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The EU Corporate Sustainability Due Diligence Directive exempts financial institutions from due diligence to identify, mitigate and remedy potential adverse impacts, whether human rights or environmental, in their downstream “chain of activities”. In practice, however, it will be hard to escape entirely, not least as the sector will still need to adopt and implement transition plans.

The European Parliament has adopted the new AML/CFT legislative package, which aims to comprehensively strengthen the EU rules to fight money laundering and terrorist financing, including the establishing of a new EU authority to supervise directly the riskiest entities, an EU limit on large cash payments up to EUR 10,000, and more detailed, directly applicable rules regarding customer due diligence and beneficial ownership.

On 14 May 2024, the European Securities and Markets Authority (ESMA) published guidelines on fund names using environmental, social and governance (ESG) or sustainability-related terms. The main purpose of these guidelines is to enhance investor protection with regard to funds named in ways suggesting an investment focus in companies that meet certain sustainability standards. Against this backdrop and after the public consultation launched on 18 November 2022, ESMA clarifies what investors may expect in terms of policies, practices and characteristics of funds consistent with sustainability standards, as also the circumstances where a fund name with ESG or sustainability-related terms is indicative of unfair, unclear or misleading practices.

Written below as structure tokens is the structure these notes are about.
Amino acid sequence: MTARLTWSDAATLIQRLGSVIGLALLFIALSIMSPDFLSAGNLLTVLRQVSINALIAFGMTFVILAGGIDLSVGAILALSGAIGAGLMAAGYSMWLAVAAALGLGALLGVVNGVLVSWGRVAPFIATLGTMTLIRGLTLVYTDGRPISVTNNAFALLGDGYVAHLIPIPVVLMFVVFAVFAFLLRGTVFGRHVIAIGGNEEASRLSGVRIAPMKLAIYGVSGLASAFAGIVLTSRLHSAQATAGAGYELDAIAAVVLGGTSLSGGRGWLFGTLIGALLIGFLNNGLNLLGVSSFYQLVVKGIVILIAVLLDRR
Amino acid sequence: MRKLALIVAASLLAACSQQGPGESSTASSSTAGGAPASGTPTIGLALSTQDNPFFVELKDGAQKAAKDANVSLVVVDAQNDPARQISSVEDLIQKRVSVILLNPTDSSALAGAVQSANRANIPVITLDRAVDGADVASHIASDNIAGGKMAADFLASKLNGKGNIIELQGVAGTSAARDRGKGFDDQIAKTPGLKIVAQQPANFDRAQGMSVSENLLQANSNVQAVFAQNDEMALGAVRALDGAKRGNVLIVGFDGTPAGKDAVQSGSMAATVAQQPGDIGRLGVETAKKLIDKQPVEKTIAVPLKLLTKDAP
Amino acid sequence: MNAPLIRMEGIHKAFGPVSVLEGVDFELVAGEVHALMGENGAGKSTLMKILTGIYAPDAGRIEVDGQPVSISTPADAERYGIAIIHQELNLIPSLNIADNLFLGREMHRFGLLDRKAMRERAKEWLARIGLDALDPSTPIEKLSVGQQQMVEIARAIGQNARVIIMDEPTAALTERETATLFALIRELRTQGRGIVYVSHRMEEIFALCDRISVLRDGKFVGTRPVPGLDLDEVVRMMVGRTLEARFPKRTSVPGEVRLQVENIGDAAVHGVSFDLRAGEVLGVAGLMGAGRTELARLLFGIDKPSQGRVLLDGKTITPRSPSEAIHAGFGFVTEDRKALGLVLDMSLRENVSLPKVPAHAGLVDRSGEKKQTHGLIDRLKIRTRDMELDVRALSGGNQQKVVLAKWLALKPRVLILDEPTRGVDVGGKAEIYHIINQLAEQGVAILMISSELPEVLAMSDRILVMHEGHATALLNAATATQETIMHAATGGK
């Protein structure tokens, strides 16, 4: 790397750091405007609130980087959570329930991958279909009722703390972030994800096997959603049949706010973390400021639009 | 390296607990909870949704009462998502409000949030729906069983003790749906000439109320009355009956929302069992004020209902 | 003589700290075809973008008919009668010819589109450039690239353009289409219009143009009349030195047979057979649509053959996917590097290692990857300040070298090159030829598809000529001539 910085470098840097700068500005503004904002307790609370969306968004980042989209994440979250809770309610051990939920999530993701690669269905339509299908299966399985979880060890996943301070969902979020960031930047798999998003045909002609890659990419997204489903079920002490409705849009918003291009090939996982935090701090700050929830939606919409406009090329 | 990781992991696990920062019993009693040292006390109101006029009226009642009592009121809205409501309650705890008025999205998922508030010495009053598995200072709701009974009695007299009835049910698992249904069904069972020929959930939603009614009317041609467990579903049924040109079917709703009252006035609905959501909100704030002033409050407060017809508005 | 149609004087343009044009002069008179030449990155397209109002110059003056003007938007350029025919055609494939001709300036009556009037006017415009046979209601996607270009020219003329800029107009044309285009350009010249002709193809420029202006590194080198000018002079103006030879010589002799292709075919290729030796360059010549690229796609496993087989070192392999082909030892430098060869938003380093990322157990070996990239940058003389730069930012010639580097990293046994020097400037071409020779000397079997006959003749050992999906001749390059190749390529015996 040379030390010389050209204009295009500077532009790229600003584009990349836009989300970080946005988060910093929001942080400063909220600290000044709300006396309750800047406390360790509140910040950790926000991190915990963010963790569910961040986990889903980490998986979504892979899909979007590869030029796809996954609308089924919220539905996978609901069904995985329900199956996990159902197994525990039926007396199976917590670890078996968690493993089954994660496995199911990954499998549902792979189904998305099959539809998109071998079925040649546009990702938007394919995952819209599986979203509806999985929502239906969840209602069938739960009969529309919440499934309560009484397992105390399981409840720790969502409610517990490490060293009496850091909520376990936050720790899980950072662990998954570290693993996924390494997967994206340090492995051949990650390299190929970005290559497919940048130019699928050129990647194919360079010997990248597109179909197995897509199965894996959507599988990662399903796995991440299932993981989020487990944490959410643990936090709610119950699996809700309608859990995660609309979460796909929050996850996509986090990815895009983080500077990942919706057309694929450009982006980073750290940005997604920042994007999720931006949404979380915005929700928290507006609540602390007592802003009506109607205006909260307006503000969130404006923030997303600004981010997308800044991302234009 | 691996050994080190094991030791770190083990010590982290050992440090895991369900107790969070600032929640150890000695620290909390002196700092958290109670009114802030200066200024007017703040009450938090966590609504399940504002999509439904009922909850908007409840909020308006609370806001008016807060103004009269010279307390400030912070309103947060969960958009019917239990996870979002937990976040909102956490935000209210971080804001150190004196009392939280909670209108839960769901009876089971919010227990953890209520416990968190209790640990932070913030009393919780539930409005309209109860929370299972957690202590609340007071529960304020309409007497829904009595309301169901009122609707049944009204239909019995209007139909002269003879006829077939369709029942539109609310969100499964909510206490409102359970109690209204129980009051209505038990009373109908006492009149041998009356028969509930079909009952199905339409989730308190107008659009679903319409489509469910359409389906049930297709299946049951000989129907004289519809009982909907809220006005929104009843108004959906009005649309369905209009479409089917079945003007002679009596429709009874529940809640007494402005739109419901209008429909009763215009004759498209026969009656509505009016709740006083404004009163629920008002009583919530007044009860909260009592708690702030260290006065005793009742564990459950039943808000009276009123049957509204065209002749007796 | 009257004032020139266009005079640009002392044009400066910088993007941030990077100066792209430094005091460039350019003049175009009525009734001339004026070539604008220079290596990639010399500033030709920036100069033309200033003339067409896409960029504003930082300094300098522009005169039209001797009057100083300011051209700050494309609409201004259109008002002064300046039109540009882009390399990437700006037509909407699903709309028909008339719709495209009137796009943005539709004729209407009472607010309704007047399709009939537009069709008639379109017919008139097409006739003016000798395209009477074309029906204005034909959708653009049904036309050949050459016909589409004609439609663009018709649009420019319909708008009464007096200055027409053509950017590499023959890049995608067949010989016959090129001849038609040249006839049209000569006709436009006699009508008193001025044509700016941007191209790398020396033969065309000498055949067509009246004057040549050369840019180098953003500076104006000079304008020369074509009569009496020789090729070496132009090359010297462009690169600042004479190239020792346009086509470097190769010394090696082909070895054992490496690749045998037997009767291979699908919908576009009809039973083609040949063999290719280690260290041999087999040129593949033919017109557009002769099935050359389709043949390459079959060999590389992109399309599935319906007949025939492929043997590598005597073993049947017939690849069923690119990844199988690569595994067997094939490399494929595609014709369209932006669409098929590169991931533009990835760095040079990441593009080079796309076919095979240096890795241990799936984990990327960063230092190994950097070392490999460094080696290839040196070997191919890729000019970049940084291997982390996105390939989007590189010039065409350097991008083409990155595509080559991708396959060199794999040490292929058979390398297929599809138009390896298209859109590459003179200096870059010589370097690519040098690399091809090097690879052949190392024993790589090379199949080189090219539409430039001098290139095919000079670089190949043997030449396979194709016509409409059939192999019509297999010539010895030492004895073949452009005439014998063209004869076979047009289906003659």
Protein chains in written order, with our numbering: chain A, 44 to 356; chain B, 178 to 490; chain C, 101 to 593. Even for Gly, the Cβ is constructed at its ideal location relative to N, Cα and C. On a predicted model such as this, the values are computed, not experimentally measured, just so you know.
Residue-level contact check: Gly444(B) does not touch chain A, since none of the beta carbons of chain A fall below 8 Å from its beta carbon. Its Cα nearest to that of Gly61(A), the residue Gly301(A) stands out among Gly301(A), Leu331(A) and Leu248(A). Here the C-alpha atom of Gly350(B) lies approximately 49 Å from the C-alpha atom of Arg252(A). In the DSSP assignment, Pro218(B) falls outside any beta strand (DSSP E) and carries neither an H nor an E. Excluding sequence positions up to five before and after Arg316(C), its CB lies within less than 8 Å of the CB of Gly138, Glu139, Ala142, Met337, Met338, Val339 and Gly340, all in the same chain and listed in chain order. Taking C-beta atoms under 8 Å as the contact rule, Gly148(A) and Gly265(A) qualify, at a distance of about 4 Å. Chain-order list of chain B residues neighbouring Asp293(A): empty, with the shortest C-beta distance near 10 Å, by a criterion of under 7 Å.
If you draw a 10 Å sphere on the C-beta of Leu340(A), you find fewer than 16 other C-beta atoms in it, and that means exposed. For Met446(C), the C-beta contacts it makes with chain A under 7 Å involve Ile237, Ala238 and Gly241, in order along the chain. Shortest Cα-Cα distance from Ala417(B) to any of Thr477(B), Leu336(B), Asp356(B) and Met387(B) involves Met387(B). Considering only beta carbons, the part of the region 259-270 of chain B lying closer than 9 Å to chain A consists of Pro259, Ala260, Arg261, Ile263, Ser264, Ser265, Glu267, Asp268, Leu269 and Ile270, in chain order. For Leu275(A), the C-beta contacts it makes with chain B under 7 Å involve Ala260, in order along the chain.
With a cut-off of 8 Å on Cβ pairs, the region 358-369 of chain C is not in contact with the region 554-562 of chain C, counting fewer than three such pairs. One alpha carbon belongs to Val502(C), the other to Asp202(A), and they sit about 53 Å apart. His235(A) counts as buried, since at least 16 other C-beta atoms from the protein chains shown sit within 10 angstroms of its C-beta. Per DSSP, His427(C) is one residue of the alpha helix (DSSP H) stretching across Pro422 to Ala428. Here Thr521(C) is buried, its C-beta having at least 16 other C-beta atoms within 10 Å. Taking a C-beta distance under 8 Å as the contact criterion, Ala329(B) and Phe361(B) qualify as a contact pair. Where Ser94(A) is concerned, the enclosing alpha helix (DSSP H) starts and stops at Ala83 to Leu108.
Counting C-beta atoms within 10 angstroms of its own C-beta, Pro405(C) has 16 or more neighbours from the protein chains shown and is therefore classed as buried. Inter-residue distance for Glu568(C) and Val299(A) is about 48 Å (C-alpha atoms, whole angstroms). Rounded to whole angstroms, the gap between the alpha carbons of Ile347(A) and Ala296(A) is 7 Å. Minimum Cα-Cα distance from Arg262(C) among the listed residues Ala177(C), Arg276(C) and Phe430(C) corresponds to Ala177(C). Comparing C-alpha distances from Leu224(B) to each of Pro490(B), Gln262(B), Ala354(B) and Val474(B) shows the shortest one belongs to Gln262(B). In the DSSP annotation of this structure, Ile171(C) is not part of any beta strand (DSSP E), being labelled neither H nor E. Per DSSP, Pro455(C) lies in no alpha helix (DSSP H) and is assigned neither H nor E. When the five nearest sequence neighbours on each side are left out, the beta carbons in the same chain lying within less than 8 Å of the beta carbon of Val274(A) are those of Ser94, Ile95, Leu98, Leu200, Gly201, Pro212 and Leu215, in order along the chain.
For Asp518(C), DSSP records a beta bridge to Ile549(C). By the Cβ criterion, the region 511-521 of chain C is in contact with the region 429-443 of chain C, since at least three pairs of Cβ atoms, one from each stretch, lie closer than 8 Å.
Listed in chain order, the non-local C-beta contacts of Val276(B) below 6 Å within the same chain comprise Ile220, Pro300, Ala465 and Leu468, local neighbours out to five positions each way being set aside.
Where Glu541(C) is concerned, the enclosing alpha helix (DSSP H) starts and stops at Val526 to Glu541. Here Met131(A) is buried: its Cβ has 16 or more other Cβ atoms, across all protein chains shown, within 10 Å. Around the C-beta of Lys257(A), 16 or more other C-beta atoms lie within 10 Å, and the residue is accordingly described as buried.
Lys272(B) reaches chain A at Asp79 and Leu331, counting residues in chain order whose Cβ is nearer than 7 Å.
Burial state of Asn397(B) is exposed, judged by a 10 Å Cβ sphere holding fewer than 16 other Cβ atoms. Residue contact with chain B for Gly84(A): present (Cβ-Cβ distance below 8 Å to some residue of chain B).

The European Commission launched the European (EU) Green Deal in 2019. The EU Green Deal is a package of policy initiatives, one of which is a commitment to tackle false environmental claims by requiring that consumers receive reliable, comparable, and verifiable information to enable them to make more sustainable decisions and reduce the risk of greenwashing.

In a major shakeup to businesses’ obligations relating to human rights, environmental standards and climate change, the Corporate Sustainability Due Diligence Directive (CS3D) is set to become law. In this article, we focus on the climate-related obligations enshrined in the CS3D: the obligation imposed on companies to adopt and put into effect climate transition plans.

We are pleased to present you with the latest update of Product Risk Radar (linked to, our online content hub that covers the latest important legal developments in product regulatory and liability risk. The diverse range of articles helps you navigate the increasingly challenging landscape of the newest legal…

After long and tough discussions, EU ambassadors adopted a new compromise proposal on the Corporate Sustainability Due Diligence Directive (CSDDD) in Brussels on 15 March 2024. Now the measures are likely to pass into law. The next step is for the Parliament to give its approval.

On 26 March 2024, Directive (EU) 2024/927 amending the Alternative Investment Fund Managers Directive and the Undertaking for Collective Investment in Transferable Securities Directive relating to delegation arrangements, liquidity risk management, supervisory reporting, provision of depositary and custody services and loan origination by alternative investment funds (AIFMD II or “Directive”) was published in the Official Journal of the European Union.
AIFMD II will enter into force on 15 April 2024.

The Corporate Sustainability Due Diligence Directive (“CS3D”) was provisionally agreed at a political level in December 2023, and confirmed by COREPER in a revised version in March 2024. Once formally approved, this new law will have significant impacts on many EU companies and non-EU companies active in the EU, as well as on their value chains throughout the world. In this first installment of our new “CS3D Explainer Series”, we answer the following four key questions: “Which companies are covered?,” “What will be their new obligations?,” “Why should they comply?” and “When will this start to apply?”